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How Ronda Rousey WWE idea came about, and where WWE wants it to go

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This past Sunday, when Ronda Rousey climbed into the World Wrestling Entertainment ring, it was presented as a spur of the moment incident after an in-ring verbal battle between actor/wrestler Dwayne "The Rock" Johnson and the evil Authority, consisting of Paul "HHH" Levesque and Stephanie McMahon.

Of course, in wrestling, only two things are real -- the money and the chronic pain.

The spur of the moment actually dated back about seven months, when Rousey and the rest of the Four Horsewomen -- UFC fighters Shayna Baszler and Jessamyn Duke, and new Invicta signee Marina Shafir -- were guests at the WWE SummerSlam show at the Staples Center in Los Angeles.

The ball really started rolling with Baszler, a longtime fan who lists Billy Robinson (a pro wrestling legend of the '60s and '70s) and sometimes pro wrestler Josh Barnett as her coaches. This led to the four of them taking on the name and doing poses like The Four Horsemen of pro wrestling, whose heyday came at roughly the same time Rousey was born. While often criticized for using the name, the truth is that the key stalwarts of the Four Horsemen, Ric Flair and Arn Anderson, loved it.

It was at that show in August that Paul Heyman, the sidekick and mouthpiece for Brock Lesnar, got the women backstage, where they met Stephanie McMahon, the company's Chief Brand Officer, villainess extraordinaire as well as daughter of the CEO of the company, Vince McMahon.

The night ended with Rousey dumping a bucket of ice water on Stephanie McMahon's head as she did the ice bucket challenge.

But that was really just the beginning.

Given Rousey's fame and pay-per-view drawing power, it's natural for those in wrestling to immediately try to come up with ways to fit their new friend into the show. Wrestling uses certain celebrities at certain times. Usually they shy from UFC stars because, even though both groups will deny it, they are in competition for the casual fan dollar. Before WWE got largely out of the pay-per-view business, when a Sunday WWE PPV show followed a Saturday UFC show, the WWE show would be down 15 percent on average from what would be expected. A ton of UFC stars, usually at the end of their careers, have tried to make inroads into WWE, and are usually not given more than the time of day.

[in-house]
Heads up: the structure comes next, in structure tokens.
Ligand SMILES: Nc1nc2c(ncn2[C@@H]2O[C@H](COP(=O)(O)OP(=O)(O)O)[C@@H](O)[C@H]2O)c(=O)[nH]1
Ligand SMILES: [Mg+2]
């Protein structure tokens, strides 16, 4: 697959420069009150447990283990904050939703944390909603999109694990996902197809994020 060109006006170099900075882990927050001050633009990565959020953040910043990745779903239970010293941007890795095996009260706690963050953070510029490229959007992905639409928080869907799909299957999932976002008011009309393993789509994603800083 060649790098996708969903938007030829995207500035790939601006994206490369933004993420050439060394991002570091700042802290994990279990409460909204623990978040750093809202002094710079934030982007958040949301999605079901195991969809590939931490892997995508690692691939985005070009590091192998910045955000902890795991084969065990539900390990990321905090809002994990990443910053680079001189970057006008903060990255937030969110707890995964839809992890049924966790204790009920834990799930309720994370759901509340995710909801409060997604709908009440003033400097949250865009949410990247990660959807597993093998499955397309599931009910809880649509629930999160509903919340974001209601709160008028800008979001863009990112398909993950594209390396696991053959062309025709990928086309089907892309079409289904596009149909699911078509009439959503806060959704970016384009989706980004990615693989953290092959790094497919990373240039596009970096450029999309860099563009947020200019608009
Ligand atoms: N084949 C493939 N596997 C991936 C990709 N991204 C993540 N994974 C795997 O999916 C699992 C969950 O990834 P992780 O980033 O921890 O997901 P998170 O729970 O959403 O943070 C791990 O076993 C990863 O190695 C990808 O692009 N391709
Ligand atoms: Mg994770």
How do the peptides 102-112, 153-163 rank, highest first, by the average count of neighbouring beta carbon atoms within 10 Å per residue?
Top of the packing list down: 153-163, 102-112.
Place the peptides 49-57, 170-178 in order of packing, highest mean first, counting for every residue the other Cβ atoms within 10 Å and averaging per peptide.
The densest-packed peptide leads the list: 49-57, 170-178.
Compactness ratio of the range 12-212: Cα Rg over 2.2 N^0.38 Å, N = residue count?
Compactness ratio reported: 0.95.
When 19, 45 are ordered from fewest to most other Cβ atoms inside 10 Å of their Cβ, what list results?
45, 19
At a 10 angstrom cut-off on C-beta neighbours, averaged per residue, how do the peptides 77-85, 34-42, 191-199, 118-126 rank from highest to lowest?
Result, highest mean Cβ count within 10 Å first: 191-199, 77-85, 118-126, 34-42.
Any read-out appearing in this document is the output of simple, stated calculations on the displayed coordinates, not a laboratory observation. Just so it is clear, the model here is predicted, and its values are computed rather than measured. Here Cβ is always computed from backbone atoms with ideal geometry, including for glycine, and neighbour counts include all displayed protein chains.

Jon Jones, who is probably the only American UFC fighter who is even in the discussion as being a star at the level of Rousey, had his management try to broker him a WWE appearance, and nothing materialized. The kind of combat sports people WWE has used is largely limited to the Mike Tyson, Muhammad Ali, Buster Douglas (as champion), Evander Holyfield, Floyd Mayweather Jr., and Ricky Hatton level stars.

The ideas that were given birth in August led to last week's encounter before a near sellout crowd of 67,000 at Levi's Stadium in Santa Clara, Calif. On WWE's biggest event of the year, Rousey ended up being the most talked about subject, with more than 100,000 searches in the last few hours of Sunday night, more than Undertaker, The Rock, or even Brock Lesnar, who was the headliner of the show.

While there was only an agreement in place for this one appearance, sources in WWE confirm that is not the idea.

From watching how the angle went down -- with Rousey and Johnson, who are both in the movie Furious 7, squaring off against The Authority -- it would logically lead to a mixed tag team match. The match would also logically take place next April, when WrestleMania comes to AT&T Stadium in Arlington, Tex. It will be the biggest undertaking in WWE history, as they attempt to set their all-time attendance record. The idea is to announce a magic number topping 100,000 people, whether real or not. That would break the company's self-written historical record of 93,173 fans (also not a real number) set in 1987 for a Hulk Hogan vs. Andre the Giant match at the Pontiac Silverdome.

Just WrestleMania with today's top pro wrestling stars isn't going to do it. They are going to need to bring back stars from the past, like Johnson, and add in celebrities.